The downside for this type of apartment is that a high proportion of these blocks are bought by investors who will all be trying to let at the same time. This competition and the lack of ability to differentiate means that rents and yields can be ‘soft’ i.e. easily fall. In addition, the apartments often offer extensive facilities such as gyms, lifts and concierge. This means that these units often attract a very high service charge. In addition, the fact that they are often of a contemporary design means that they can very quickly start to date. Once the design ‘gloss’ starts to fade, then how much space do you really get for your money?
‘The Space Race’
The UK is unusual amongst other real estate markets in that floor areas aren’t readily featured in sales particulars. Off course it is not difficult to tot up the floor area from the information provided in the sales particulars; but most people don’t bother. Interestingly, developers are very pre-occupied with floor areas as most of their profit and cost projections are formulated on the basis of cost per ft or sqm. Why bother? The main reason is that it is a very useful way of finding out how much space a landlord is getting and whether this represents value for money compared to the alternatives.
It’s only when a property investor starts doing these calculations that an investor starts to realise how expensive some of these luxury apartments really are. They might look great but when a property investor analyses what space they get and how much it costs an investor begins to appreciate why house building has been such a ‘profitable game’. Therefore, a property investor should look carefully at the floor area they get and remember that they can always replace a tired kitchen but they can’t make an apartment any larger!
The last ten years have been characterised by the rise, quite literally of apartment living. From low double figures at the start of the decade to over 50% of new completions. No longer are they seen as vaguely municipal, a poor mans house….. a flat! Apartments amongst the young ‘aspirational’ and increasingly the ‘empty nesters’ are the ultimate lifestyle accessory. They offer a pragmatic low maintenance alternative to a house.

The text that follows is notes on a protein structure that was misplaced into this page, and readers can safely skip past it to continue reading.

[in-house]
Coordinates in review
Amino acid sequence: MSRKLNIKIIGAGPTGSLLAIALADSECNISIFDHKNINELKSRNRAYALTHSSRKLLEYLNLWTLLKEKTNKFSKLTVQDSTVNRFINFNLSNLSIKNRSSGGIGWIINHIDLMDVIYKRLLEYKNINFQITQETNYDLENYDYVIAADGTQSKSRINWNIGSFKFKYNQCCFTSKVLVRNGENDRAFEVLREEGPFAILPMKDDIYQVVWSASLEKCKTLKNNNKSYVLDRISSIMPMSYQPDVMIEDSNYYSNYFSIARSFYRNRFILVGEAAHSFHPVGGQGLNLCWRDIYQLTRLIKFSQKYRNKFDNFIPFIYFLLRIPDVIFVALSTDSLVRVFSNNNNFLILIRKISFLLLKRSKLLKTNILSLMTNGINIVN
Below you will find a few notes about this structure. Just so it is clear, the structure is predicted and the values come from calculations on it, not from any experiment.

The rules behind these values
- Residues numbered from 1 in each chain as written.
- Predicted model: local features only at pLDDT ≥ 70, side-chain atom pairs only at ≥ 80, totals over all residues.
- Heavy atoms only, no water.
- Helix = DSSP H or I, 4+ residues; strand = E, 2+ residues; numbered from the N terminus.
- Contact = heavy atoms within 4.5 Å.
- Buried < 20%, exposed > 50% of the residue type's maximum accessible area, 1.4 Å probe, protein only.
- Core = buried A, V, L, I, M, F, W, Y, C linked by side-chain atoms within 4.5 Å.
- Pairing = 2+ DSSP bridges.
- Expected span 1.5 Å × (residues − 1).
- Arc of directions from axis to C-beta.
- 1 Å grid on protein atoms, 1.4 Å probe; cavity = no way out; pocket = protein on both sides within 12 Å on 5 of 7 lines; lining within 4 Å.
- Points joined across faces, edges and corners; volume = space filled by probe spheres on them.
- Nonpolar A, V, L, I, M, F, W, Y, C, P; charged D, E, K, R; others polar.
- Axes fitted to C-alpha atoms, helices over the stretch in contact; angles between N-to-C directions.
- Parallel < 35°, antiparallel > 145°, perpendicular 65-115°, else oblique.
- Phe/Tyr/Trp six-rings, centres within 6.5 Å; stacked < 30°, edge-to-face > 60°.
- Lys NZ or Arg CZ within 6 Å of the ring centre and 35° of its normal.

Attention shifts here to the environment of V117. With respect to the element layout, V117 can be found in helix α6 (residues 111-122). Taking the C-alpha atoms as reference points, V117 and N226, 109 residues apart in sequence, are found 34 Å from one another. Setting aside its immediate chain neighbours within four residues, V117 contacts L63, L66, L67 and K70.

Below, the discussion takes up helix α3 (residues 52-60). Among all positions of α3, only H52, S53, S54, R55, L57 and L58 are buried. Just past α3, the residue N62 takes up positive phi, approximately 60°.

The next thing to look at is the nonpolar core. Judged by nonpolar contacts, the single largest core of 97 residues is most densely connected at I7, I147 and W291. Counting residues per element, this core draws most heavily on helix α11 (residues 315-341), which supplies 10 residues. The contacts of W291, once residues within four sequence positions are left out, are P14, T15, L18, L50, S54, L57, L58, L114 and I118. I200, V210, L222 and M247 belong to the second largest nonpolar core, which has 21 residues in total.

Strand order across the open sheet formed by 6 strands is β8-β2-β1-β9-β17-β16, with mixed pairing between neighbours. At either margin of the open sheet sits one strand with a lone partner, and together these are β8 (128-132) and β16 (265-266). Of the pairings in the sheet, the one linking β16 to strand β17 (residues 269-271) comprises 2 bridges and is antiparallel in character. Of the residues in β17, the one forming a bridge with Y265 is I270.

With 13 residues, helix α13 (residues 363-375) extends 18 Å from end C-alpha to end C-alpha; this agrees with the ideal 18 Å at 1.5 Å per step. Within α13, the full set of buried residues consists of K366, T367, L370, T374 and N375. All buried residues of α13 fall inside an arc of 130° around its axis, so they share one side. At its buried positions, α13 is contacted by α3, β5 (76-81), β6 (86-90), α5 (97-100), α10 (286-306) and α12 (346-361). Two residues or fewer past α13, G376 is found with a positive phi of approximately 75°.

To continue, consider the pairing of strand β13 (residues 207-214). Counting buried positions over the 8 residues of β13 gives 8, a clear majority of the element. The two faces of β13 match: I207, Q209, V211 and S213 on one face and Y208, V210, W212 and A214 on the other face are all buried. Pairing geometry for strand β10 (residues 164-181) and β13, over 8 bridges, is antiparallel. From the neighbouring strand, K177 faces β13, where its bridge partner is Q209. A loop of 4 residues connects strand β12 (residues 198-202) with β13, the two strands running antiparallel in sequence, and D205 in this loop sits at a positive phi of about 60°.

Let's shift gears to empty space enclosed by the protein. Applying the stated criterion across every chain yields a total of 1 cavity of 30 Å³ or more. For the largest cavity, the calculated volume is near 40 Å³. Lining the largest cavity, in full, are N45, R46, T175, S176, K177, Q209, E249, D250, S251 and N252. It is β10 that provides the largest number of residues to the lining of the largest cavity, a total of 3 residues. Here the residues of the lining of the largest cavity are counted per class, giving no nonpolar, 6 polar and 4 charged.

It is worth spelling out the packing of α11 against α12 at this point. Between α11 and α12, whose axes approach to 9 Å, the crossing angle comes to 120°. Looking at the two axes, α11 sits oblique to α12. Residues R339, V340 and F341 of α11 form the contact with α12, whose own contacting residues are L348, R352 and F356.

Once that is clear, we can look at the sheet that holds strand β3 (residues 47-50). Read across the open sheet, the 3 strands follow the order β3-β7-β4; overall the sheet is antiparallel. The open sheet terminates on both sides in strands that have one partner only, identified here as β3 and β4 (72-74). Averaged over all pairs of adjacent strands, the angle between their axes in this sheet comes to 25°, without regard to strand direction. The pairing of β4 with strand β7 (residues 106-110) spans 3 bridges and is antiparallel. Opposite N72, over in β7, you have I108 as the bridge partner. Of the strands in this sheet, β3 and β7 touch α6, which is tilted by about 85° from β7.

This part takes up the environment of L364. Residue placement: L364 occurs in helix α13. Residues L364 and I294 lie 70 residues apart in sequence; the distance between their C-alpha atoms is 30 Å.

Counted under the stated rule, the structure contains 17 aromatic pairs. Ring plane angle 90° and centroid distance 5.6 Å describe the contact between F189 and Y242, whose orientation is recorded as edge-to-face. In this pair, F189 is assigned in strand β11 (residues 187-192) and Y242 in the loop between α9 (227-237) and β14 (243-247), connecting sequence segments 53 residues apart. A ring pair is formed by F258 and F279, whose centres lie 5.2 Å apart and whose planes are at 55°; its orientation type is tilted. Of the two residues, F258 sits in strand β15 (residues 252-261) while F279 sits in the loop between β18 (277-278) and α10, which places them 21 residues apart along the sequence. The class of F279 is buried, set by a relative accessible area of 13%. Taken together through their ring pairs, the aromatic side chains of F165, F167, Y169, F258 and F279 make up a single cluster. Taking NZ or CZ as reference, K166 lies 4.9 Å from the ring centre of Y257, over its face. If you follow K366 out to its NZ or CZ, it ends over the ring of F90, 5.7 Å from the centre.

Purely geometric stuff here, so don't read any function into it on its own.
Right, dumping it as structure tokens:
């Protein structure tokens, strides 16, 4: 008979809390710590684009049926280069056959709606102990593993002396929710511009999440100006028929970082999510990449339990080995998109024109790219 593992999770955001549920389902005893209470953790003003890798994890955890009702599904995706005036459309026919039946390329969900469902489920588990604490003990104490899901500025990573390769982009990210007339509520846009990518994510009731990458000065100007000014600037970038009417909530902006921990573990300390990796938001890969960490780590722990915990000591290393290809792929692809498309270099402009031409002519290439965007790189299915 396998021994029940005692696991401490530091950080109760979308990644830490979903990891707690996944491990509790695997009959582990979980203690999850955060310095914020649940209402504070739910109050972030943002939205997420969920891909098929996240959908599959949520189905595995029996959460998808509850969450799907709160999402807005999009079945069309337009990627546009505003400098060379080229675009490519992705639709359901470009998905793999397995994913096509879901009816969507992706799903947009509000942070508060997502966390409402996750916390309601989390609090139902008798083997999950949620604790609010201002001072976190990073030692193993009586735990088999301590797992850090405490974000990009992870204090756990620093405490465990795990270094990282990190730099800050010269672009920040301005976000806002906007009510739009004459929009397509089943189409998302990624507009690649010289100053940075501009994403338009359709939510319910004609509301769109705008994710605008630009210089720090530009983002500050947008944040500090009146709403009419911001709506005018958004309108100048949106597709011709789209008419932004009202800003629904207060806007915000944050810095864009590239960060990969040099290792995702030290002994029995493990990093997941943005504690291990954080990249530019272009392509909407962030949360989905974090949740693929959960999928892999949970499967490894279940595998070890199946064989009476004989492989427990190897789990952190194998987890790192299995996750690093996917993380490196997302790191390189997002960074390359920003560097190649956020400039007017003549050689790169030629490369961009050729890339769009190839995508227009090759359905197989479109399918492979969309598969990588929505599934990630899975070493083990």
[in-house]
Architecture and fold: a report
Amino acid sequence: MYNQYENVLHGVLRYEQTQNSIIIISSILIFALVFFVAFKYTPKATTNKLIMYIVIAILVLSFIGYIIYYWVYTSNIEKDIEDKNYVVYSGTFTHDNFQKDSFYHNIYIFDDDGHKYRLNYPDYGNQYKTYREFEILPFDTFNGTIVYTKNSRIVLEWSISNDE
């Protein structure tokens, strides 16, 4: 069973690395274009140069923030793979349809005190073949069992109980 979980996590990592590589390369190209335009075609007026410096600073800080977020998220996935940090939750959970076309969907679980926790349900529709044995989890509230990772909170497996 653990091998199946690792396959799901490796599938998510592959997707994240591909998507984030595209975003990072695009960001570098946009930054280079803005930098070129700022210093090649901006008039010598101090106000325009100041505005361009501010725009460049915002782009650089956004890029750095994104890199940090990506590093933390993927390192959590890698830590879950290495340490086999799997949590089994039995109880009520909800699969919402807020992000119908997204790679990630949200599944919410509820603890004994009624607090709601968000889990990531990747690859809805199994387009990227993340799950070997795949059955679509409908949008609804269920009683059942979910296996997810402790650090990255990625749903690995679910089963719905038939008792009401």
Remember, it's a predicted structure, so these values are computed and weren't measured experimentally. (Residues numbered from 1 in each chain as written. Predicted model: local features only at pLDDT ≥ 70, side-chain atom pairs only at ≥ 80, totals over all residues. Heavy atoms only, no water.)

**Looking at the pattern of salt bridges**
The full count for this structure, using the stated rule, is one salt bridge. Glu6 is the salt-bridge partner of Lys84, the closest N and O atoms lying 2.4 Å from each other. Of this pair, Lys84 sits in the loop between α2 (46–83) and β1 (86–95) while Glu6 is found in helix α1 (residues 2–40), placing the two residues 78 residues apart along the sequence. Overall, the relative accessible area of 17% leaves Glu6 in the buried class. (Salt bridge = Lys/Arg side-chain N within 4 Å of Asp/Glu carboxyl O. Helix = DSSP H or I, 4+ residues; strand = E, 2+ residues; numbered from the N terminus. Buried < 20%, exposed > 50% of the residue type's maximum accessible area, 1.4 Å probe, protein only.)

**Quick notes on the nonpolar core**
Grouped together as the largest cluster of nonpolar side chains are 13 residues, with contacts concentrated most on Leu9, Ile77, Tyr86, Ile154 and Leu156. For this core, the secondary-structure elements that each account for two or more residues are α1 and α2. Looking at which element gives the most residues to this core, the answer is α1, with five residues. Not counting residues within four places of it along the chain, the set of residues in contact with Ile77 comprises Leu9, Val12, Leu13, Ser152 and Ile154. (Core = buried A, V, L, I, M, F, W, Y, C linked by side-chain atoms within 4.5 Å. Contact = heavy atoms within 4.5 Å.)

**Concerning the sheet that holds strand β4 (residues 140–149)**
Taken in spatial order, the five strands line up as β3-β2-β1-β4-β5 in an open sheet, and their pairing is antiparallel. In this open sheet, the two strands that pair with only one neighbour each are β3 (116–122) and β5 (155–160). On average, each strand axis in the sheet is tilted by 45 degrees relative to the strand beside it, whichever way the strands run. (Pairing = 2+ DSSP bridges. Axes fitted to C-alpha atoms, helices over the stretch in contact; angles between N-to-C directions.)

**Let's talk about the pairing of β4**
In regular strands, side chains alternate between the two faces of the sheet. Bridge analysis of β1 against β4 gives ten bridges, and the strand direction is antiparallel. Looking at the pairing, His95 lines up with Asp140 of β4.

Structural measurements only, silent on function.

The change in my home town of Nottingham has been dramatic. Apartment prices have gone from being valued at a discount to houses to now commanding significant premiums, particularly in the right location. The development industry has responded to investor demand by providing large numbers of ubiquitous units often in city centres. My personal view as to a preference between houses and flats is that each should be appraised on their own merits. What property is the most suitable will depend very much on the type of tenant a landlord aims to attract. I would say that if a landlord is tempted to buy an apartment in one of these new developments.
A landlord should instead try and select a block without too many units; thus limiting the potential competition from other property investors. In addition, a landlord should look for a unique selling point (USP) to the development. A friend has recently bought a flat in a converted convent. The building is in the centre of Nottingham and was more expensive than some of the new builds and cheaper conversions being thrown up around it. But, there are only just over 20 units in the block. The Listed Building also has a chapel with an interior designed by Pugin. In my view this rarity value will protect it from any potential over supply in the city centre market.
Alternatively, suburban locations popular with professionals are another good bet for property investors. Their potential tenant base is a lot larger than a city centre apartment whose main appeal is to the twenty 'something’ and 'well-healed' students. Surprisingly, many ‘trendy young things’ who a property investor would expect to crave a city pad; are actually quite conservative in their accommodation requirements. They actually prefer a quiet, leafy location in which to base themselves, probably not dissimilar to where their parents live. City centre living is fine for a short period, I’ve done it myself. But most people tire of the attractions of bars, restaurants and relentless noise together with the hard urban landscape. Unless there is a big downside in the time taken to commute as is the case in the larger conurbations such as London, Birmingham and Manchester. The compensations of a 10 minute walk to work will only endure for so many years before the quiet and homely comfort of the suburbs beckons.
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FORMS FOR LETTING PROPERTY
FINANCE AND TAX ON RENTAL PROPERTY
RENTAL PROPERTY REGULATIONS
INVESTING IN BTL PROPERTY
WHAT TO BUY
BUYING OFF PLAN
KNOWING THE RISKS
MANAGING YOUR RENTAL PROPERTY
NON - PAYMENT OF RENT
GETTING YOUR MONEY BACK
THE TENANT WONT MOVE OUT
THE TENANT DOES A BUNK
RAISING THE RENT
REDUCING THE RENT
REPAYING THE TENANCY DEPOSIT
DAMP, MOULD AND CONDENSATION
LETTING RENTAL PROPERTY
LEGISLATION ON LETTING PROPERTY
ALTERNATIVE DISPUTE RESOLUTION
HOUSING ACT APPEAL DISPUTES
THE LANDS TRIBUNAL
RIGHTS OF LIGHT APPLICATION
APPEALS FROM LEASEHOLD VALUATION TRIBUNALS (LVT's)
POSSESSION - SECTION 8 NOTICE
POSSESSION - SECTION 21 NOTICE
SECTION 21 TIMETABLE AND PROCESS
GROUNDS FOR POSSESSION
HARASSMENT BY LANDLORDS
RENT DISPUTES BETWEEN LANDLORD & TENANT
FAIR RENT (RAC)
MARKET RENT UNDER AST
LEASEHOLD VALUATION TRIBUNALS
MODIFICATION OF RESTRICTIVE COVENANTS